What a sweet film.
If you saw it, then you know it was just an adorable story about a teenage boy coming to terms with his sexuality and desperately trying to protect a life he loves and doesn’t want to change should he decide to come out.
As I watched, some elements of this story rang true and looked all too familiar (more on that later). But a big part of me left saying… wow… I wish every young LGBTQ person could come out under those circumstances.
- A school whose administration is wildly, unapologetically supportive and inclusive.
- A sassy theater teacher who publicly defends you to the school bullies.
- Bullies who do really no more than just mock you and one of the other gay kids (zero violence, zero name calling, zero intimidation, and no actual display of homophobia).
- Friends who aren’t surprised, unconditionally loyal, unafraid to hold you accountable for your behavior, and mature enough to overlook your mistakes (eventually) and forgive and forget.
- A dad whose in touch with his emotions, apologizes for creating an “unsafe” environment through flippant gay jokes (that… weren’t really *that* offensive… insensitive for sure… but not actually bigoted).
- A mom who reaches out but respects boundaries, who is wise, secure, empowered, and patient.
- A sister who is your biggest ally.
- And strong chemistry with another mature, well-adjusted, age-appropriate gay guy at your school.
What an amazing world. And wouldn’t it be amazing if that was the world every kid lived in?
That wasn’t my experience and unfortunately it’s not the experience of (if I may generalize) most LGBTQ people. That doesn’t mean Love, Simon is misleading. It doesn’t even mean that the story isn’t worth telling.
The truth is:
- All of us have a deep fear of what we’ll lose when we come out.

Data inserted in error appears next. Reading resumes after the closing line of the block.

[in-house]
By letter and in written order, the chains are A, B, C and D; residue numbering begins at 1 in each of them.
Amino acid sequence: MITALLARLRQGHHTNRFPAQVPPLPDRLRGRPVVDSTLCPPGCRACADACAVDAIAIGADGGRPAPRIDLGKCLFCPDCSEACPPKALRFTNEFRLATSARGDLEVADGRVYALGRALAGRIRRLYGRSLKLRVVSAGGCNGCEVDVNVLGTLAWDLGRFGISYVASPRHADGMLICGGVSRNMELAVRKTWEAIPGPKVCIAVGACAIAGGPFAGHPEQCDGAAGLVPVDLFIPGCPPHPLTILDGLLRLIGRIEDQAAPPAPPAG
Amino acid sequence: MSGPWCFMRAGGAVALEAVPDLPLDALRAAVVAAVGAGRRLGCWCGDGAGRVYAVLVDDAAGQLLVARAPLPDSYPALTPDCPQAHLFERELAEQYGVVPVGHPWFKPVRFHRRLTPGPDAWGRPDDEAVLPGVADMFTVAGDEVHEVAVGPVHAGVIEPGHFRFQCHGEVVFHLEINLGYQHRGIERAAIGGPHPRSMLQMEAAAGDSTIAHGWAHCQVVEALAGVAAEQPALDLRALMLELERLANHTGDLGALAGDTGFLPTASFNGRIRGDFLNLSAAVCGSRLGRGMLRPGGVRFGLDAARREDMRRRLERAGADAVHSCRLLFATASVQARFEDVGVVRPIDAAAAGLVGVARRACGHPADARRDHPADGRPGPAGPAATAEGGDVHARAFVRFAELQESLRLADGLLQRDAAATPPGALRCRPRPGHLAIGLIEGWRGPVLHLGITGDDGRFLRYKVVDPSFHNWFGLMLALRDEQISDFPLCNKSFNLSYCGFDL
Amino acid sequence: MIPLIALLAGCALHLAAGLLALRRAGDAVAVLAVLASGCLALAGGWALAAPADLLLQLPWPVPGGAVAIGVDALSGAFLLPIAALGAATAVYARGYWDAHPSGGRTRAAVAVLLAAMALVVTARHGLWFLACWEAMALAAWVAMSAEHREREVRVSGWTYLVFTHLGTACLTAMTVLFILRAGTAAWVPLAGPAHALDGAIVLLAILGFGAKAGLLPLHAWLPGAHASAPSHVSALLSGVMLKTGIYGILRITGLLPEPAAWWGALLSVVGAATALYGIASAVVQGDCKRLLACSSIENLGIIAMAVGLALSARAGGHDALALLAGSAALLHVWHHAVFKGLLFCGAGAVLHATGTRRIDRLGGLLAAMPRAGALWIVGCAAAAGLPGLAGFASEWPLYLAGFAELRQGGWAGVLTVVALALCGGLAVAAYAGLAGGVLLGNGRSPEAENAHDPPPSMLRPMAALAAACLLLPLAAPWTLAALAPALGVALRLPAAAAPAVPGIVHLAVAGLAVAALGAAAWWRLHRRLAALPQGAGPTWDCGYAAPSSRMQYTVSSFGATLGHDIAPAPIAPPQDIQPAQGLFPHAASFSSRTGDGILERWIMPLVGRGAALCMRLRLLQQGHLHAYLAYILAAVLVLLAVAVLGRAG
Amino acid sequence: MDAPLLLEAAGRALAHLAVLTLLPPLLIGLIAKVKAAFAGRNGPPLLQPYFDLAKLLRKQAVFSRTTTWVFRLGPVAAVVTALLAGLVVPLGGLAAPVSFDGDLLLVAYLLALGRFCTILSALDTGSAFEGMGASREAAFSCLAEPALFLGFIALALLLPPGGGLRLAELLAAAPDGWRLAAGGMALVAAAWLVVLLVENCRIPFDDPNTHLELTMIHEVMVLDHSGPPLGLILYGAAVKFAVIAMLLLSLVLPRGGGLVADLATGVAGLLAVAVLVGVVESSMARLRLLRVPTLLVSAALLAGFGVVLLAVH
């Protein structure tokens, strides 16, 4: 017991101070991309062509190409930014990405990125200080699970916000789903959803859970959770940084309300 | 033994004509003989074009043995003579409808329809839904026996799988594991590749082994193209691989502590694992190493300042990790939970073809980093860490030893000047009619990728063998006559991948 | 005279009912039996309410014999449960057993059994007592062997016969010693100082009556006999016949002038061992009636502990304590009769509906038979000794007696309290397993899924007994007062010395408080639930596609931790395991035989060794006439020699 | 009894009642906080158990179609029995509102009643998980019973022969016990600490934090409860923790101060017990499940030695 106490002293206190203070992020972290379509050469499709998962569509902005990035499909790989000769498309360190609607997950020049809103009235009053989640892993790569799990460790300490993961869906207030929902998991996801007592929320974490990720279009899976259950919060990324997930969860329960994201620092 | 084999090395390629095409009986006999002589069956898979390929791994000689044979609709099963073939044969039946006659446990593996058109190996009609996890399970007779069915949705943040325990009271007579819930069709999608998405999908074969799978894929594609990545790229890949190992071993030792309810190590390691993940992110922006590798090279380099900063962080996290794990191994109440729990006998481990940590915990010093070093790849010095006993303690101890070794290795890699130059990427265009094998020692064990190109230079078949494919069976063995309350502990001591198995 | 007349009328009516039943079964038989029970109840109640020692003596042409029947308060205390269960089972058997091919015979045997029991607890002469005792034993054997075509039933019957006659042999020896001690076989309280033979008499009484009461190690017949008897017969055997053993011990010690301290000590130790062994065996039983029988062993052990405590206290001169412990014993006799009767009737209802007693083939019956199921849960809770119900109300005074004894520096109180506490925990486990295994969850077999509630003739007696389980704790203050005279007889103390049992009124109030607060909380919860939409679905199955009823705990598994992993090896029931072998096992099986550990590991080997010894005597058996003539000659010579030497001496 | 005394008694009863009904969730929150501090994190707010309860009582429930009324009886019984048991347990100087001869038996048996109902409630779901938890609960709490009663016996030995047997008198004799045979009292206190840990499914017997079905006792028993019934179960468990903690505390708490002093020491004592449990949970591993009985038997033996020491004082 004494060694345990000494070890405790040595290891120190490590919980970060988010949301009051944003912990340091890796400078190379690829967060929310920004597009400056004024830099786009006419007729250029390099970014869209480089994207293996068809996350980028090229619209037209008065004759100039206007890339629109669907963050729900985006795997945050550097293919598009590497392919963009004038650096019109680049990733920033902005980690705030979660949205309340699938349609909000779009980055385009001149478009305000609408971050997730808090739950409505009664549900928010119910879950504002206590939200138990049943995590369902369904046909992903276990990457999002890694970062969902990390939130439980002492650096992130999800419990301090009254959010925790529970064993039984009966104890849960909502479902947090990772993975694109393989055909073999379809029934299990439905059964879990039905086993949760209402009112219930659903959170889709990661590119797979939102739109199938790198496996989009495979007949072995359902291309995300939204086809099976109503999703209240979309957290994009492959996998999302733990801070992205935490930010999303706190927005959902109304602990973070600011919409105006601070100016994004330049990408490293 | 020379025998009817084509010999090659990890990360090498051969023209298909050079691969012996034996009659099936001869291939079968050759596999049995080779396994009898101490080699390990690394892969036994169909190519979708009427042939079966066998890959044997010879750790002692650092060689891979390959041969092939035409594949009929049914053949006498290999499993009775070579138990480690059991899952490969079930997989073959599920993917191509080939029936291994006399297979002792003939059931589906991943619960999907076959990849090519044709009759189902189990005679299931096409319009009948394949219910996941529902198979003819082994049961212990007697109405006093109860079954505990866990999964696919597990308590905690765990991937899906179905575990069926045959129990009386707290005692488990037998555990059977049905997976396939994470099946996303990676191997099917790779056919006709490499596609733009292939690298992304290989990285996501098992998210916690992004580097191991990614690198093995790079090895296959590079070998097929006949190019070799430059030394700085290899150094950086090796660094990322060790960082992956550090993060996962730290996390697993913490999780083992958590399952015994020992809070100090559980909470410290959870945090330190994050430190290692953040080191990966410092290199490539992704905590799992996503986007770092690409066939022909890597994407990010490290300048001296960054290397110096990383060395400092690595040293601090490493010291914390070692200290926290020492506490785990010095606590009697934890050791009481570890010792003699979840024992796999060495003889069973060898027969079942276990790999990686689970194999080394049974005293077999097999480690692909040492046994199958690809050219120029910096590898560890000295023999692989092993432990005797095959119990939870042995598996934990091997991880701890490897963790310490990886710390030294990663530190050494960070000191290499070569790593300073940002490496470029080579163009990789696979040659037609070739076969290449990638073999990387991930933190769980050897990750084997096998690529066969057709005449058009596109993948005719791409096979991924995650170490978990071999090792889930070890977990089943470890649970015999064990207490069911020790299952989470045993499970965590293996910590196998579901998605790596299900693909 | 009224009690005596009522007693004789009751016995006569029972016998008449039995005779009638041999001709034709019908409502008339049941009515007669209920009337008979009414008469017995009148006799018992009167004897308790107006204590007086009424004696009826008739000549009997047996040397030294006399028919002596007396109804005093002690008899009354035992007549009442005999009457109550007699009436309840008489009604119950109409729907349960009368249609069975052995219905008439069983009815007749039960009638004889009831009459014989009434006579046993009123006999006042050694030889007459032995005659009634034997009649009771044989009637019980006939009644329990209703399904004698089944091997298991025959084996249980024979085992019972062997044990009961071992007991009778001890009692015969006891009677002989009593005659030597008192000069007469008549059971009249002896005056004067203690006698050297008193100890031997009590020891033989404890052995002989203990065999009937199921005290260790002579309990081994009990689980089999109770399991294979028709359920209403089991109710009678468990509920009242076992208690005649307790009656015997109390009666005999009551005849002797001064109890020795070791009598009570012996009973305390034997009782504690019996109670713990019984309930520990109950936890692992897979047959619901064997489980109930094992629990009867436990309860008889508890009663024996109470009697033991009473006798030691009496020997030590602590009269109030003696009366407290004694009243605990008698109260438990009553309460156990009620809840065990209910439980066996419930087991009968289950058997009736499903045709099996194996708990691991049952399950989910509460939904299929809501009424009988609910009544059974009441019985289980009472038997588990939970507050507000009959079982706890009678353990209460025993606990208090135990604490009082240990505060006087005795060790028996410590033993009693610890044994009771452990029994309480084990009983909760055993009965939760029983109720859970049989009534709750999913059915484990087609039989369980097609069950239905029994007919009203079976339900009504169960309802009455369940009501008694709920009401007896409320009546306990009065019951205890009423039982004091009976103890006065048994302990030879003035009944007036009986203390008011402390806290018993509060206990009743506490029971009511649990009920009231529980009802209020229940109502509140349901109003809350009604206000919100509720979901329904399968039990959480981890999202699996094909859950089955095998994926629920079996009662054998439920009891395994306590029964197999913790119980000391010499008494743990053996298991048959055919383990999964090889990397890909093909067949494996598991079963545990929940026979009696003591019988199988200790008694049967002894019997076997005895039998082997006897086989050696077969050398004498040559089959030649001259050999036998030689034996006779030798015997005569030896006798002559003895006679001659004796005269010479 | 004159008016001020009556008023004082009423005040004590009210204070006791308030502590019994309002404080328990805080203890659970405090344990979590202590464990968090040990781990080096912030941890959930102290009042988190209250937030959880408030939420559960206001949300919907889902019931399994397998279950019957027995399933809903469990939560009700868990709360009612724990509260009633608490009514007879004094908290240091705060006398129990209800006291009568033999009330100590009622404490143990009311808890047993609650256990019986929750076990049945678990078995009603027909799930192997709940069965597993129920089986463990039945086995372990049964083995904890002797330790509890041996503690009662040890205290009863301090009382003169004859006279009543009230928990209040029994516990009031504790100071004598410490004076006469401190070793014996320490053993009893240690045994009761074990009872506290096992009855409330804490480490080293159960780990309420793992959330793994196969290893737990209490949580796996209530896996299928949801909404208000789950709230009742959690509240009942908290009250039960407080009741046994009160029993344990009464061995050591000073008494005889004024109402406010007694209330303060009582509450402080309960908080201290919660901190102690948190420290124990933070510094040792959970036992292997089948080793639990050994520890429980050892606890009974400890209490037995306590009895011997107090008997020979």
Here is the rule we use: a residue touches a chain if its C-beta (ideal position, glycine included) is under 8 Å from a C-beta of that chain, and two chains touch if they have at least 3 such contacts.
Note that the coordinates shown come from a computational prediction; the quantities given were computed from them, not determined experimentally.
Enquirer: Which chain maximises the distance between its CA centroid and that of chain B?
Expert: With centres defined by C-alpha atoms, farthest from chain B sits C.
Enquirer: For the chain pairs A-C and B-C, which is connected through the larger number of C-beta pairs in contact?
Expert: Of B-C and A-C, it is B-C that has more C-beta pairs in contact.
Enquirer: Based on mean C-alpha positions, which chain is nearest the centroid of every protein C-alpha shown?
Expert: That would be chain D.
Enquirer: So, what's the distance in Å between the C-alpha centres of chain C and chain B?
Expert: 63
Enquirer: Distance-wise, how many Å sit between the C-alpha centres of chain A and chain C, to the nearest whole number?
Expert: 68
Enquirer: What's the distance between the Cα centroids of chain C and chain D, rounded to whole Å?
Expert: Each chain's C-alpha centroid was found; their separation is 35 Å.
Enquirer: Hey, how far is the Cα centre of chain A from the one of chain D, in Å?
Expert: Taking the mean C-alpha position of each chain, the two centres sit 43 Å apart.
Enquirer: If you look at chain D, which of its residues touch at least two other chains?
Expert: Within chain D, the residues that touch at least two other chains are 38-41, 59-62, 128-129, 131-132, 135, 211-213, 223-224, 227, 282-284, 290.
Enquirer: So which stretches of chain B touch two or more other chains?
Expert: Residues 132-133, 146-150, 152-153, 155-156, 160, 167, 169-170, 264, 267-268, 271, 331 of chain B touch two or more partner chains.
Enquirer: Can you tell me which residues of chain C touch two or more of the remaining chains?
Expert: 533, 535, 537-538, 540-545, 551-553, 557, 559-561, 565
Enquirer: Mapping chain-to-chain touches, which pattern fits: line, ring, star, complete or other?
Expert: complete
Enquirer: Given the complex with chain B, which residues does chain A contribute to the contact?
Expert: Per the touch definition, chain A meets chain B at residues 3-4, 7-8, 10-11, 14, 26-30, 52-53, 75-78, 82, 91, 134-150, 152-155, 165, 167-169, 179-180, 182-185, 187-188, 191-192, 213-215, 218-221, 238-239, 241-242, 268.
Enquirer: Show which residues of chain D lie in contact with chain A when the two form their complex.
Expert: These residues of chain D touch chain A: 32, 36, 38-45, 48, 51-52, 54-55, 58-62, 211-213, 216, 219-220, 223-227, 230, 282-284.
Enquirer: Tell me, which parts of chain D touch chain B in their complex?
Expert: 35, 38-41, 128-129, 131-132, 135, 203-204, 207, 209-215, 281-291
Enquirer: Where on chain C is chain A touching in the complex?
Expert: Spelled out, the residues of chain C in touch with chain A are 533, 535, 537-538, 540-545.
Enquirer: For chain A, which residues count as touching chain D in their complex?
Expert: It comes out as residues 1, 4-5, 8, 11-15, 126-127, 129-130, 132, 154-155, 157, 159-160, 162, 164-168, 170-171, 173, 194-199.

- Many guys have that amazing female friend who walks us through our growth years, and many of them mistake our deep emotional connection for attraction, and yeah, there’s heartbreak more times than not.
- All of us tried coming out to someone we weren’t really *that* close to first… a relationship that we decide is close enough that the reaction will give us a fair baseline but one we could move on without. Most of us (unless we’re outed) don’t tell those we’re closest to first… because those relationships are the ones we can’t bear to lose.
- We are desperate for feedback. Simon asks Abby: “Are you surprised?” And she says… “do you want me to be surprised?” The truth is: that’s exactly what we hope… but we don’t believe it’s possible.
But what I think I loved most about Love, Simon was the fact that not once did they talk about sex in the entire story. The entirety of the story centered around Simon’s desire for love, connection, and family. The climax (no pun intended) of the story is an innocent adolescent kiss. An entire relationship forms over e-mail and when he accidentally (spoiler alert) signs an e-mail “Love, Simon” all that’s happened is an exchange of vulnerability and support. No pictures, no talk of sex, nothing resembling lust… and that is one misconception I love that this movie corrects.
Go see Love, Simon. It’s worth it. Because we can make that world a reality if we want to. And it’d be an amazing world for our kids to grow up in.